How to Look at Spread Betting

You’ve probably heard of the term “side-betting” or “spread betting”, but didn’t know how to look at it or why you might need to. The purpose of this article is to give you a clear idea of what spread betting is and how it works. We’ll also cover some of the advantages and disadvantages of this type of betting, as well as how to make the most of it.

What Is Spread Betting?

Put simply, spread betting is betting on multiple outcomes of an event. This is different from mainstream betting, where you’re usually betting on just one side of the wager. Using spread betting, you’re able to take a position on a number of events at once, which is why it’s often referred to as “multiple event” betting or “multi-event” betting.

Here’s an example. Say you’re watching the horse racing and you see a 1-2 combo in the fourth race. You might bet on both the winner and the subsequent place getter. This would be a spread bet, as you’re taking a position on two different events (the winner and the subsequent place getter) at once. You could also bet on more than two events, such as the first three races followed by the place getter – in this case, you’d be placing four bets in all (one on each of the three races, and one on the place getter).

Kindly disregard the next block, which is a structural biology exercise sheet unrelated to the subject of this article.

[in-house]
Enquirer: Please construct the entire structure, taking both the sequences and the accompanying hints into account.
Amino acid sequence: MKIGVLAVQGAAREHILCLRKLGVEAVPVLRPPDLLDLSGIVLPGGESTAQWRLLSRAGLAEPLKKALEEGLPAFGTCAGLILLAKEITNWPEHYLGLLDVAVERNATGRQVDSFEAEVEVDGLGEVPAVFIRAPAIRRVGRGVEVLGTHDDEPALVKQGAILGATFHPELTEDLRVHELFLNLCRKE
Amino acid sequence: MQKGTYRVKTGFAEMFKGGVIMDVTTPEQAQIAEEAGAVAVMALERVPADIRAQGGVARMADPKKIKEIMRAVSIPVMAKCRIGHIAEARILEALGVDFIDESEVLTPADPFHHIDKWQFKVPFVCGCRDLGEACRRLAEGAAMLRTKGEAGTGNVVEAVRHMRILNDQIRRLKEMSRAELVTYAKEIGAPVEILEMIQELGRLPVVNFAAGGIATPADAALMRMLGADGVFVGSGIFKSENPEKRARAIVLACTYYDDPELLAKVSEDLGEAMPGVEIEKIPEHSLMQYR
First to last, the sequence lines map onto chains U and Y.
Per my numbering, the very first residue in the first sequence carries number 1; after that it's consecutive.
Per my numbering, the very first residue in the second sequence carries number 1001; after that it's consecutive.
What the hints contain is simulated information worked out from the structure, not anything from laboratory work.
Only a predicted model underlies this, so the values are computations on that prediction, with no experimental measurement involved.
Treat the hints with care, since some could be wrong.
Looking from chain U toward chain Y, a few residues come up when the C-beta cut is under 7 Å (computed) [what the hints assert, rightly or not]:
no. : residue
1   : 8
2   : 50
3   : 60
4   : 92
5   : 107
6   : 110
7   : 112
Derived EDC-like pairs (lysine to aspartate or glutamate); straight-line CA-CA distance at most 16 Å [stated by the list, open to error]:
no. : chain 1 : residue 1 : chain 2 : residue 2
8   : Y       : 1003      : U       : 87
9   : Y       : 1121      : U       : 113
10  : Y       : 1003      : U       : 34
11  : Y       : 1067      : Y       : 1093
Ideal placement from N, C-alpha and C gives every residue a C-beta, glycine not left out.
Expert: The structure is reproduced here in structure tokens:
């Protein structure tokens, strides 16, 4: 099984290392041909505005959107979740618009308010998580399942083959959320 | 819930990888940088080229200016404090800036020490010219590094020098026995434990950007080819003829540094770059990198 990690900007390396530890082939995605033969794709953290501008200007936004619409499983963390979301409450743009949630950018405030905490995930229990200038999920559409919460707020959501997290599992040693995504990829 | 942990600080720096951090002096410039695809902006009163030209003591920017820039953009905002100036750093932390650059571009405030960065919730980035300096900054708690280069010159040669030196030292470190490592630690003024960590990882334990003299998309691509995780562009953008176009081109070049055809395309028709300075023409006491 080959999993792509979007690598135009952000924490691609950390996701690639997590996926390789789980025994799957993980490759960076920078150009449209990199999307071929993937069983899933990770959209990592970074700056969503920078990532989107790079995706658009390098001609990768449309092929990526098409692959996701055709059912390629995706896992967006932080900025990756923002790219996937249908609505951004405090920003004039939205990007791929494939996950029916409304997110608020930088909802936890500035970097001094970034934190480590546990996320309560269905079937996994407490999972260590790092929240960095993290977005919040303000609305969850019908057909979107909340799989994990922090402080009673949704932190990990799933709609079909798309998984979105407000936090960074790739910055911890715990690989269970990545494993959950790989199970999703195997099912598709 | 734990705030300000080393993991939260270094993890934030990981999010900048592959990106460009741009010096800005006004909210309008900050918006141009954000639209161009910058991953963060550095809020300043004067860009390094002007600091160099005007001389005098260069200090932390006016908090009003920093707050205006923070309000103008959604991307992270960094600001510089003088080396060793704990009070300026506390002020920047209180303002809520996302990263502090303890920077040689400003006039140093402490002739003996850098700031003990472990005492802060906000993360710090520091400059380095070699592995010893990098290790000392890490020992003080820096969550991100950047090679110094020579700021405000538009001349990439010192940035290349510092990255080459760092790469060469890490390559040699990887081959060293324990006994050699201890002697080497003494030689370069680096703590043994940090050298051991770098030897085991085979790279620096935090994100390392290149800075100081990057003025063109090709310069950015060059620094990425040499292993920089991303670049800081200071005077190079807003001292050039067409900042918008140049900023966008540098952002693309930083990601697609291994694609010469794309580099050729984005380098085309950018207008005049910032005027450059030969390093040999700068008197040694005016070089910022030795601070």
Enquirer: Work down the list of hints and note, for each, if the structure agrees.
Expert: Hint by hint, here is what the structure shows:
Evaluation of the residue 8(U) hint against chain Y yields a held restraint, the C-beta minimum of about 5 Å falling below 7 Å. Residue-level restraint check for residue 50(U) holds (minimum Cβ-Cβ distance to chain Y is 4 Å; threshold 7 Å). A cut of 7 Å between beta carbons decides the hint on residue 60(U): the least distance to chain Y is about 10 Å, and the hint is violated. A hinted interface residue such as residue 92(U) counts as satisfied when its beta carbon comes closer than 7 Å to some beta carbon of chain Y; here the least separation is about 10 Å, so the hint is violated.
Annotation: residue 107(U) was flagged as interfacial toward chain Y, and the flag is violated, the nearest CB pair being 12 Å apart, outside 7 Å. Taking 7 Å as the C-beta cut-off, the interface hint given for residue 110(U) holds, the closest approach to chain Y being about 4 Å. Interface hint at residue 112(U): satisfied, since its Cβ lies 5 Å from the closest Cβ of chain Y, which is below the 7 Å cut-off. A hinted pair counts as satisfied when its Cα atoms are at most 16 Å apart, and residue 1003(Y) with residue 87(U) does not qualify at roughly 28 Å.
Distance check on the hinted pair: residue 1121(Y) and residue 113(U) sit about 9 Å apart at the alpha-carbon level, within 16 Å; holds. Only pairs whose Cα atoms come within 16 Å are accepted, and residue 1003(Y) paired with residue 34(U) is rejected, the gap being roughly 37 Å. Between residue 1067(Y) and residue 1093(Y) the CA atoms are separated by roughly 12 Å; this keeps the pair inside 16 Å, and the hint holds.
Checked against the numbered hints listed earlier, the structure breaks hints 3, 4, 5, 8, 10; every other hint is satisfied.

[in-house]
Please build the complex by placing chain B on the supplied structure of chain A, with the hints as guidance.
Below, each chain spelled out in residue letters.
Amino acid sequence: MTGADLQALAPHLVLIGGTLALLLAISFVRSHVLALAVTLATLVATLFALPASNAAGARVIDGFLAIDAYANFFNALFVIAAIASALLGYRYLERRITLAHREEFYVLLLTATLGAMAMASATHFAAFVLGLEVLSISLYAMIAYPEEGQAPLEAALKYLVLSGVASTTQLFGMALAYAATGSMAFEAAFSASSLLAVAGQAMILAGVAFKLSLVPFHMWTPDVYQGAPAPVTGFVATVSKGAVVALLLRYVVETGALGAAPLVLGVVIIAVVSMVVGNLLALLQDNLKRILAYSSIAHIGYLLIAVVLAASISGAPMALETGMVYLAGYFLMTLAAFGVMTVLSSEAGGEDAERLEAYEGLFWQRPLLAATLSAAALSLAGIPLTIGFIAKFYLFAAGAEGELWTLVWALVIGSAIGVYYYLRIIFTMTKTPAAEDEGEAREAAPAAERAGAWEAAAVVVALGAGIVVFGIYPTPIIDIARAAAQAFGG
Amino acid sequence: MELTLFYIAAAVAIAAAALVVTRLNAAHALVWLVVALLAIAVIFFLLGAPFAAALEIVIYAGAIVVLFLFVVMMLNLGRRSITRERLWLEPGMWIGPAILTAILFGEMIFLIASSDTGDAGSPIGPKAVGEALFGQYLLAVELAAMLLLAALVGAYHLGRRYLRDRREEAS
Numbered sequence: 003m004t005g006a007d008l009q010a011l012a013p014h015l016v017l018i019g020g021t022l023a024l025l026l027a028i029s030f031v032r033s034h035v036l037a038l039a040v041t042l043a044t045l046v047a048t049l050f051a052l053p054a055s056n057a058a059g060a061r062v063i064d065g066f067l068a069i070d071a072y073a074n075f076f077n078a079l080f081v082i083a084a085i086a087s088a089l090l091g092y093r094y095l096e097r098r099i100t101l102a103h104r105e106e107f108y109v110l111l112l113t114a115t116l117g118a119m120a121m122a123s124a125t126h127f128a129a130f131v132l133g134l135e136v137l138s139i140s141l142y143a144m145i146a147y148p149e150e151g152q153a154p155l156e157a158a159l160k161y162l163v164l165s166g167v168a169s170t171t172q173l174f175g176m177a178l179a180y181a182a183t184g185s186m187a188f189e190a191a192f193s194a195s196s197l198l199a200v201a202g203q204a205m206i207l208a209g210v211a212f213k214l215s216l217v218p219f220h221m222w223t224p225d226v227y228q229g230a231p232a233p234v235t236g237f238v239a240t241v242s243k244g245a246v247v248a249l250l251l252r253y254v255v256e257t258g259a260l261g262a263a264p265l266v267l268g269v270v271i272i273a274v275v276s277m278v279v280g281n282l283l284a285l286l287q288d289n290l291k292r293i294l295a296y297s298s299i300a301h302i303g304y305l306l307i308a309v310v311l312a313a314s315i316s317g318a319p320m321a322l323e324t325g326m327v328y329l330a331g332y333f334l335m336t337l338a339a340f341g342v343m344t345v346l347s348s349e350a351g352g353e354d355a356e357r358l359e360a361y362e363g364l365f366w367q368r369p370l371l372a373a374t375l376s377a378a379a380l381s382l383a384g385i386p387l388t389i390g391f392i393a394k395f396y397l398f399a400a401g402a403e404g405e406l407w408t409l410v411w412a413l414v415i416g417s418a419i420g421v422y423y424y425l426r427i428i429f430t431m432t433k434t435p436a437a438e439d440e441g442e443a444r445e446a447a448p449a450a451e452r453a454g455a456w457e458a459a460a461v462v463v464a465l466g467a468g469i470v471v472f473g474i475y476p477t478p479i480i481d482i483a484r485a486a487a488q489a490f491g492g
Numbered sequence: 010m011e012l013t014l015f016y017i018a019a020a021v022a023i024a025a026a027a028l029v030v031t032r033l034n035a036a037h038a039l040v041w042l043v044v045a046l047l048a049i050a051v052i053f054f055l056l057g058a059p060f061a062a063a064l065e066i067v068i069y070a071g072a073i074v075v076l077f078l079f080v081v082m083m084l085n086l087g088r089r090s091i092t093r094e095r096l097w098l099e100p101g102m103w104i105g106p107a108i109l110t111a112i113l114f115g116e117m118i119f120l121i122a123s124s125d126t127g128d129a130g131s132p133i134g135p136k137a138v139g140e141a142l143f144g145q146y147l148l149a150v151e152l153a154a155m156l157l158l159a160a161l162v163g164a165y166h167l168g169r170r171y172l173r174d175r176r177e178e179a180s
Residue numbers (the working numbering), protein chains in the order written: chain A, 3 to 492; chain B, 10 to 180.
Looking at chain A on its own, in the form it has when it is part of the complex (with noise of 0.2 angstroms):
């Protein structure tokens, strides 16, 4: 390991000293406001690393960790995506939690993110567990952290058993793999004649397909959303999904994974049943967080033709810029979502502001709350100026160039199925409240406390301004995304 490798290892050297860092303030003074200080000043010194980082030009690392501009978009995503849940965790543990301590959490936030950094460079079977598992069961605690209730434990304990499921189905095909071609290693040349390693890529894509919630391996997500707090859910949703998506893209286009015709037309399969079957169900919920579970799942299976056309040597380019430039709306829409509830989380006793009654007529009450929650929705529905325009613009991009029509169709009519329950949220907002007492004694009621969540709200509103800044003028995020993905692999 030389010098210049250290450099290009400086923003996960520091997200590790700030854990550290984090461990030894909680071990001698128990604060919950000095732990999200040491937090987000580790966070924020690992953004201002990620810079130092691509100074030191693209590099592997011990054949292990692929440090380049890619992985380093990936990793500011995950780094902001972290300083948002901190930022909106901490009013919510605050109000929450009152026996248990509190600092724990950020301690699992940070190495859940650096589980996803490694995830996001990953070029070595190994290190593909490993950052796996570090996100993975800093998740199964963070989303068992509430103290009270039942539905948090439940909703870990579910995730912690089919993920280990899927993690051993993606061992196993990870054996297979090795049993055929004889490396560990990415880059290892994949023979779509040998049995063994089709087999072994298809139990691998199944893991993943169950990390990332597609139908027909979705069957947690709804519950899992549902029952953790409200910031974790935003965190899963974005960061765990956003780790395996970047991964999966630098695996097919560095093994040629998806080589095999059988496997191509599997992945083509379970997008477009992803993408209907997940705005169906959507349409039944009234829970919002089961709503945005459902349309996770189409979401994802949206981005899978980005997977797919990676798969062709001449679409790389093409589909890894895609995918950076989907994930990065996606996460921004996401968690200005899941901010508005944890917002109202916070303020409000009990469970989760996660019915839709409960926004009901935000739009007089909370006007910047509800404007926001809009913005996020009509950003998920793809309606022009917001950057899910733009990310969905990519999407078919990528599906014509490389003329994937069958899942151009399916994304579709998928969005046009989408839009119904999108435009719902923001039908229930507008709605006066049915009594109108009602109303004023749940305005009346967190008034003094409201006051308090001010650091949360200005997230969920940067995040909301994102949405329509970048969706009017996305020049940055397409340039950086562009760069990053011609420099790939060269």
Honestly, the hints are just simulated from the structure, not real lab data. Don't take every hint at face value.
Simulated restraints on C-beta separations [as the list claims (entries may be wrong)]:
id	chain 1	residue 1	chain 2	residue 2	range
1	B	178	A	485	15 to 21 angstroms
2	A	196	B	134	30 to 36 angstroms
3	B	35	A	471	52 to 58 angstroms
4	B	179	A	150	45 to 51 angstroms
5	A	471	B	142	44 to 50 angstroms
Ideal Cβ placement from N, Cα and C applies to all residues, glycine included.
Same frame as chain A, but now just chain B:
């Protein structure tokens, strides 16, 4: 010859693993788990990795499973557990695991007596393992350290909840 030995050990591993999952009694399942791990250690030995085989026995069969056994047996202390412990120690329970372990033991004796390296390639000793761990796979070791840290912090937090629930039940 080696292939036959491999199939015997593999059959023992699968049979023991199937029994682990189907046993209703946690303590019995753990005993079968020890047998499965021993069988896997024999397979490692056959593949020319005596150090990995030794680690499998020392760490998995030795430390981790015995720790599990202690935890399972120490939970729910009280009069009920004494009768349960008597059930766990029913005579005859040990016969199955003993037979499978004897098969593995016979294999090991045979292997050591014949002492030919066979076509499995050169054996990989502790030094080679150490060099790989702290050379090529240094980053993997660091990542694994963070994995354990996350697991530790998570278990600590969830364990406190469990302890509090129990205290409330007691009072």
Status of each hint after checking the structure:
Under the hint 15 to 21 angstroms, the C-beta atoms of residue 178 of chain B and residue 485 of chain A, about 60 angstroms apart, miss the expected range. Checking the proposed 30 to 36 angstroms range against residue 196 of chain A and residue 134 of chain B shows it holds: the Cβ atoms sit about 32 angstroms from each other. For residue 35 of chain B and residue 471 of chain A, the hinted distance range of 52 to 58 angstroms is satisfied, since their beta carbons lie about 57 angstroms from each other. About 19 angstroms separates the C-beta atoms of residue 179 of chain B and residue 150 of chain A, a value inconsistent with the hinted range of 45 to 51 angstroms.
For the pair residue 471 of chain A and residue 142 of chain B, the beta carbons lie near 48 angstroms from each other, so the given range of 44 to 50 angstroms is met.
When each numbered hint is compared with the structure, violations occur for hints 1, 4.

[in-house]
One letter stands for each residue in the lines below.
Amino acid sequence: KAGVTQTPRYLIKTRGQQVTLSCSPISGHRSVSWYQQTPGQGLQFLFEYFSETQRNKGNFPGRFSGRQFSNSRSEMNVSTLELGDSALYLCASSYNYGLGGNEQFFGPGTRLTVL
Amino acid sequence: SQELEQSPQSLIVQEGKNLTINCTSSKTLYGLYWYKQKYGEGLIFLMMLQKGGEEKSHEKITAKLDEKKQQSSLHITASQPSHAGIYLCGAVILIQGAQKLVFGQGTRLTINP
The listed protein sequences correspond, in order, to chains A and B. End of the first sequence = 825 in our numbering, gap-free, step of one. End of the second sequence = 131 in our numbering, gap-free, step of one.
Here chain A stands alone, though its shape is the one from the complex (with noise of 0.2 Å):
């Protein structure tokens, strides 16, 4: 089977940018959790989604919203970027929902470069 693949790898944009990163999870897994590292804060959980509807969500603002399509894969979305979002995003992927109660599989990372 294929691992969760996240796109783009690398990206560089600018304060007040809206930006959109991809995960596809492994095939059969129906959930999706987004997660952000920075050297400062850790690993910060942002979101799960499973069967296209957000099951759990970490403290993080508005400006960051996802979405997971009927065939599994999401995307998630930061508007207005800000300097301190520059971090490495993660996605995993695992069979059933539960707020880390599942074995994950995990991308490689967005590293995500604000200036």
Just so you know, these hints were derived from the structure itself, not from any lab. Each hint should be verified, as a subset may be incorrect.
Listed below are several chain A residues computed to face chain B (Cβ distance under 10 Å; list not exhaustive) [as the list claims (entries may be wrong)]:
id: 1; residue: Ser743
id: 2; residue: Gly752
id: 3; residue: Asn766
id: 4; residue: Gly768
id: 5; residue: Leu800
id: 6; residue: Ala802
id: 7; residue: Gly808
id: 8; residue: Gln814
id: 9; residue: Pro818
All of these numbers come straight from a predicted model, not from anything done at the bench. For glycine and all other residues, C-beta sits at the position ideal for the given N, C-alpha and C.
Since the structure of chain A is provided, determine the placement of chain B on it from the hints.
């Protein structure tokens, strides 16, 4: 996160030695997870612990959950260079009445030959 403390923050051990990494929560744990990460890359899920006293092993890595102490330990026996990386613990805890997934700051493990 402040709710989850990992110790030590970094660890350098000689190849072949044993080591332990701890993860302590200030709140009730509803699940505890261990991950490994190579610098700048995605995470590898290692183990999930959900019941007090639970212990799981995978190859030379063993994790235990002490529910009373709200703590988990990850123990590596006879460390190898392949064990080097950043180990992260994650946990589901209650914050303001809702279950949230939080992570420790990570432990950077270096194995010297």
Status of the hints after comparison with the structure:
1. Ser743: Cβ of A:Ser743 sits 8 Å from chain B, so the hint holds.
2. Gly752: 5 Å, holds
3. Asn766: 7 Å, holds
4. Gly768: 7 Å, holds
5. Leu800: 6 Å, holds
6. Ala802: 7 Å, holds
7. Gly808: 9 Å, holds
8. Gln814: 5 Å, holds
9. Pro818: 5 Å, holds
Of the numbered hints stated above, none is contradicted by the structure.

Why Would I Use Spread Betting?

The main advantage of spread betting is that it offers you multiple betting opportunities. Even in the example above, if you’d only placed a bet on the winner of the fourth race, you’d still be given the opportunity to win on the subsequent place getter. This is because the bet on the winner of the fourth race would be rolled over to the bet on the subsequent place getter, resulting in a total payout of nearly $16. Due to the fact that you can’t always be sure which events will result in wins and which will result in losses, multiple event betting provides you with the opportunity to win big – or at least, to break even or make a small profit.

On the other hand, placing multiple bets using mainstream betting limits your opportunities, as you’re usually only given the choice of backing the winning horse or the safer option of backing a group of horses – if you want to place a bet on the winner of a given race, you have to pick which horse to back from the group, which, in turn, limits your potential winnings. In most cases, this is a risky strategy, as you could end up losing more than you win – especially if you’re betting against the bookmaker’s odds (he’s likely to take a short term win from your profit, as opposed to giving you a better odds for your bet).

When Should I Use Spread Betting?